British Columbia

Thick smoke hinders fight against B.C. wildfires

There are over 100 wildfires burning across British Columbia and thick smoky conditions are hindering efforts to extinguish them.

Environment Canada lists air quality in Kamloops at an 8 or 'high risk'

The smoke envelopes Kamloops. Environment Canada has listed the air quality index at 8 for the city or what it calls "high risk." (Briar Stewart/CBC)

More than 840 fires have charred about 4,260 square kilometres in B.C. since April 1, and officials say hot, dry weather is expected to worsen conditions in the days ahead as smoke hangs over several communities.

"It creates a lot of safety issues for our aircraft," said Kevin Skrepnek with the B.C. Wildfire Service. "We can't fight what we can't see out there."

The Kamloops Airport tweeted Tuesday that smoke had forced several flights in and out of the area to be delayed or cancelled.

Environment Canada has declared the air quality in Kamloops an 8 — or high risk — on its air quality health index. 

With record-breaking temperatures expected across much of the province, it will be increasingly important to ensure crews get proper hydration, nutrition and rest, Skrepnek added.

Plans are also in place in case anyone needs to be airlifted out of a fire zone due to heat-related illness, but Skrepnek said he believes that hasn't happened yet this season.

Evacuation order expanded

Around 3,700 people were fighting 138 fires across British Columbia on Tuesday. Over 6,000 people are under evacuation order.

The Cariboo Regional District issued an expanded evacuation order for the Kluskus, Blackwater and Clisbako area, which is about 100 kilometres west of Quesnel. 

It's a further expansion of the order issued on Sunday, July 30

The Cariboo Regional District also issued an expanded evacuation alert for the area south and west of Quesnel to Tatelkuz Lake. Residents are advised to be prepared to leave their premises if an order is issued.

Trees burned by wildfire are seen in this aerial view from a Canadian Forces Chinook helicopter near Williams Lake, B.C. (Darryl Dyck/Canadian Press)

More than 300 structures destroyed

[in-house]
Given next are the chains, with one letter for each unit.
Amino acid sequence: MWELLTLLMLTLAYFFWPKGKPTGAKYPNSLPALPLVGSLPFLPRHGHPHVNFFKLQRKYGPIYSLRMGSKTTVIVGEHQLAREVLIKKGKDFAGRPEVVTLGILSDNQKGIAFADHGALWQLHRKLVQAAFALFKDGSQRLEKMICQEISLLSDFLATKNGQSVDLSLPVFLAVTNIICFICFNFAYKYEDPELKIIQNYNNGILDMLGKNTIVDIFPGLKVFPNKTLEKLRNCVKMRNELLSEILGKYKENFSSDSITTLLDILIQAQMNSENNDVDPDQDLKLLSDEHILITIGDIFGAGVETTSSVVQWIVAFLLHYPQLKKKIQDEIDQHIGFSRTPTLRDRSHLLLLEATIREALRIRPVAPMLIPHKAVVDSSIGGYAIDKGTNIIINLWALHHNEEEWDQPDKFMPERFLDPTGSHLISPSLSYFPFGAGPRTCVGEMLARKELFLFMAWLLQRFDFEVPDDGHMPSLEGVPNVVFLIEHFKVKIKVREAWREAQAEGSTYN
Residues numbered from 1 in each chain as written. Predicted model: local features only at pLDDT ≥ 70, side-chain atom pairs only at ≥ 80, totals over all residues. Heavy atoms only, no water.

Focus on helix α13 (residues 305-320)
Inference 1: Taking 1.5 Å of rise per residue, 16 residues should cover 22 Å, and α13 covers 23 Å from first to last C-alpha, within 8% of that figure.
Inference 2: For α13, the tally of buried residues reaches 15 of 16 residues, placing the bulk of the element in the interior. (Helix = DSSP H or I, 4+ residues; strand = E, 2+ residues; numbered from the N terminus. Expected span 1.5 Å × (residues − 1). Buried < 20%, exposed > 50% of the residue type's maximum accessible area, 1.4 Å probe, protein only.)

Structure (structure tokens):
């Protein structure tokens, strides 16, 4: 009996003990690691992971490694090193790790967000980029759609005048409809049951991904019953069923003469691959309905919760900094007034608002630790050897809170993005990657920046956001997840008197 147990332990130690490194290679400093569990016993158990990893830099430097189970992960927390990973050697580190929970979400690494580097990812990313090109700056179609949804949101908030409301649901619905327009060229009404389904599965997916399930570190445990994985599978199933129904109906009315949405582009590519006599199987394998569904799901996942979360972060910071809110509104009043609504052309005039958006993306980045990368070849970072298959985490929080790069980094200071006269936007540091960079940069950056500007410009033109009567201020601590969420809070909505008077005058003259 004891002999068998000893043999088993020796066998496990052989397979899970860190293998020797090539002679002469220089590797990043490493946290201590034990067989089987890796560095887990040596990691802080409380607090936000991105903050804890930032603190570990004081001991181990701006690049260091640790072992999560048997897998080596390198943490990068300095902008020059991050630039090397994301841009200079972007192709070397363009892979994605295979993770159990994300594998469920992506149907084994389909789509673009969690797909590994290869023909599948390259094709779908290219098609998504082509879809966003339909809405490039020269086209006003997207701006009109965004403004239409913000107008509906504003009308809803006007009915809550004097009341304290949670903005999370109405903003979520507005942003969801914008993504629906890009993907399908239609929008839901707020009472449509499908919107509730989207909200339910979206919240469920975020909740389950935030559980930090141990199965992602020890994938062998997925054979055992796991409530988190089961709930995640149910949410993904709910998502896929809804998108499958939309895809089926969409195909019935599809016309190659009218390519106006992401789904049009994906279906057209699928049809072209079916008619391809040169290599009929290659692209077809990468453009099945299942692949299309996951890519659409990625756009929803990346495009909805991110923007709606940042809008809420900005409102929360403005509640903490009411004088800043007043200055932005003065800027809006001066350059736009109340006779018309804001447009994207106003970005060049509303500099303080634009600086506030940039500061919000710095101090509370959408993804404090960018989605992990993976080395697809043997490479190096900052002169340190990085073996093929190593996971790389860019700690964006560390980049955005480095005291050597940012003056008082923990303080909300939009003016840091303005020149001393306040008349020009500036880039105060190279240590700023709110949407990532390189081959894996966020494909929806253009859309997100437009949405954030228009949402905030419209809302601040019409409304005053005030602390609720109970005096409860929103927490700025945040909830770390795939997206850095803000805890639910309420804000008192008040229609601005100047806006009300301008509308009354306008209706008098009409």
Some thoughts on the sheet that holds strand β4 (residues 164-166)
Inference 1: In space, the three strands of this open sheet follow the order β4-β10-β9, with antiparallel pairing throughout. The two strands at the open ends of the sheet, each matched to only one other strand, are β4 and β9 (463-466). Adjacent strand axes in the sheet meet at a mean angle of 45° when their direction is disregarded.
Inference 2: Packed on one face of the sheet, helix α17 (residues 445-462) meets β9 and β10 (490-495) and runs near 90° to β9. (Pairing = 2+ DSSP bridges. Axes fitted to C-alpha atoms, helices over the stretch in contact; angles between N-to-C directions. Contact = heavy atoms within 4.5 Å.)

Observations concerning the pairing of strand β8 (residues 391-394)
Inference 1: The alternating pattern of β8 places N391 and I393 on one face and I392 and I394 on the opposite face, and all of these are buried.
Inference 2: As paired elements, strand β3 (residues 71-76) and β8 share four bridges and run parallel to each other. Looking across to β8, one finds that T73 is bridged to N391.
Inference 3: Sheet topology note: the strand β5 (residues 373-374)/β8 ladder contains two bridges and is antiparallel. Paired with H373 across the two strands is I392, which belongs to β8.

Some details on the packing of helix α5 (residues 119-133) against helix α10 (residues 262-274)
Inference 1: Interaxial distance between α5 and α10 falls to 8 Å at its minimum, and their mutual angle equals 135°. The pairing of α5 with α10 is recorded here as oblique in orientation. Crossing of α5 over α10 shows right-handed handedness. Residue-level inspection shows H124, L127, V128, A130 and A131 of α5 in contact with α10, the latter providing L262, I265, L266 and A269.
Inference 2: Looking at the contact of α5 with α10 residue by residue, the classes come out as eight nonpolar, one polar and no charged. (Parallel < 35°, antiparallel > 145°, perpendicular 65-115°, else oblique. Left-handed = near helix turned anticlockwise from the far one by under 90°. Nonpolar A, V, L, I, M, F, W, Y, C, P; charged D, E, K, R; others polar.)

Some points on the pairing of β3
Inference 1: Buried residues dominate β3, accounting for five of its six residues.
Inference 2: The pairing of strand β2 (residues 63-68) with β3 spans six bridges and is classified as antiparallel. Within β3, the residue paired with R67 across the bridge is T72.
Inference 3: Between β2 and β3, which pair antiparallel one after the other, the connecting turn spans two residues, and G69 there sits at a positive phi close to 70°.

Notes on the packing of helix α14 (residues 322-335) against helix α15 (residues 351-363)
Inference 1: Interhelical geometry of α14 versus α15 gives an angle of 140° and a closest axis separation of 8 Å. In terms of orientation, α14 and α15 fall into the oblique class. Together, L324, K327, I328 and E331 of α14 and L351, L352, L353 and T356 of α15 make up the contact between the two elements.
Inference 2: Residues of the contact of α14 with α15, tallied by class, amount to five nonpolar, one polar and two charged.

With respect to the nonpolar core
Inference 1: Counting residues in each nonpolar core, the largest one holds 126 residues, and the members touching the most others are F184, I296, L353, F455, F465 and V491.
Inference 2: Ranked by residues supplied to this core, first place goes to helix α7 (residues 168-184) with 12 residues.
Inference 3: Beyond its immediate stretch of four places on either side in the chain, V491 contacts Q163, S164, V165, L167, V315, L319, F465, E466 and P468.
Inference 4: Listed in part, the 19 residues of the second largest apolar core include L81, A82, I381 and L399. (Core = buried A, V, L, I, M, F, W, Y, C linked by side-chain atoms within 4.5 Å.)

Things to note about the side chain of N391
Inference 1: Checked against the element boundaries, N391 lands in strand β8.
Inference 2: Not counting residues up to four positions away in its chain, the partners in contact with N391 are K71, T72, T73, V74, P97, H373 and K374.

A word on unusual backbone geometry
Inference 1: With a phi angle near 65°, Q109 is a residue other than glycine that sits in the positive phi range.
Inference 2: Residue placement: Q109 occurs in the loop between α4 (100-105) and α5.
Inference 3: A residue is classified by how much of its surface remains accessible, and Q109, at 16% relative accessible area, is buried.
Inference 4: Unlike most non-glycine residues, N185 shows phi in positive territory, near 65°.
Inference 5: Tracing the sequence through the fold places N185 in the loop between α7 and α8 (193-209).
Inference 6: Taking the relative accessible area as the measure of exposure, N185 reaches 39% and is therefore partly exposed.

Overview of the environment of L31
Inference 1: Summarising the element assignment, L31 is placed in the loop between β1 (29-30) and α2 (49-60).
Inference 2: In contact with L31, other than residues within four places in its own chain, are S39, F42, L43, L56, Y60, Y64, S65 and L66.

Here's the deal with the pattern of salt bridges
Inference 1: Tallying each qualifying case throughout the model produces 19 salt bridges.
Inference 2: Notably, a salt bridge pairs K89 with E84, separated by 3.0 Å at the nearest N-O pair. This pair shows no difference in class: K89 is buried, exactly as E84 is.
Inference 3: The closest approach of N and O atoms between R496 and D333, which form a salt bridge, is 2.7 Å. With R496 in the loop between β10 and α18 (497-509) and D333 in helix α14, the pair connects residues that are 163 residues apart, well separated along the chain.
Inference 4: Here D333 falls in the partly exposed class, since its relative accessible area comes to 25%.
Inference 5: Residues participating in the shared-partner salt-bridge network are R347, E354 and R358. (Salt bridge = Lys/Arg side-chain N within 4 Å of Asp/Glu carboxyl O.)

Officials have also begun to tally up the destruction wrought by the wildfires, with some estimating more than 300 structures have been destroyed. 

The lost structures include 71 homes, 116 outbuildings such as sheds and barns, and three commercial buildings, said Robert Turner with Emergency Management B.C.

Another 115 destroyed buildings have yet to be identified.

Turner said the Cariboo Regional District, the Thompson-Nicola Regional District and the Ashcroft Indian Band have been the hardest hit by the losses but no critical infrastructure has been destroyed.

There has also been theft of critical equipment, the province said in a news release Tuesday. 

One water pump and 10 100-foot (30 metre) hoses went missing near the Harrop area, which the province says is hindering suppression efforts on the Harrop Creek widlfire, burning 10 kilometres south of the communities of Harrop and Procter.

The RCMP is asking anyone with information about the theft to contact the RCMP or B.C. Crime Stoppers. 

Outside personnel to arrive

There are cuurently 761 fire personnel from outside of the province helping with the fires and another 108 firefighters and support staff from Mexico are set to join them later this week.

This marks the first time crews from that country have fought wildfires in B.C., although the Mexicans have been deployed to Alberta several times, Skrepnek said.

"They're going to be valuable assets to us, just given what we've got," he said. "There's really no relief in sight."

It's common for people in the wildfire industry to work in different jurisdictions, and British Columbia's need currently outstrips crews that are available elsewhere in Canada, he added.

"No agency can be prepared for their highest potential fire season," he said.

With files from the Canadian Press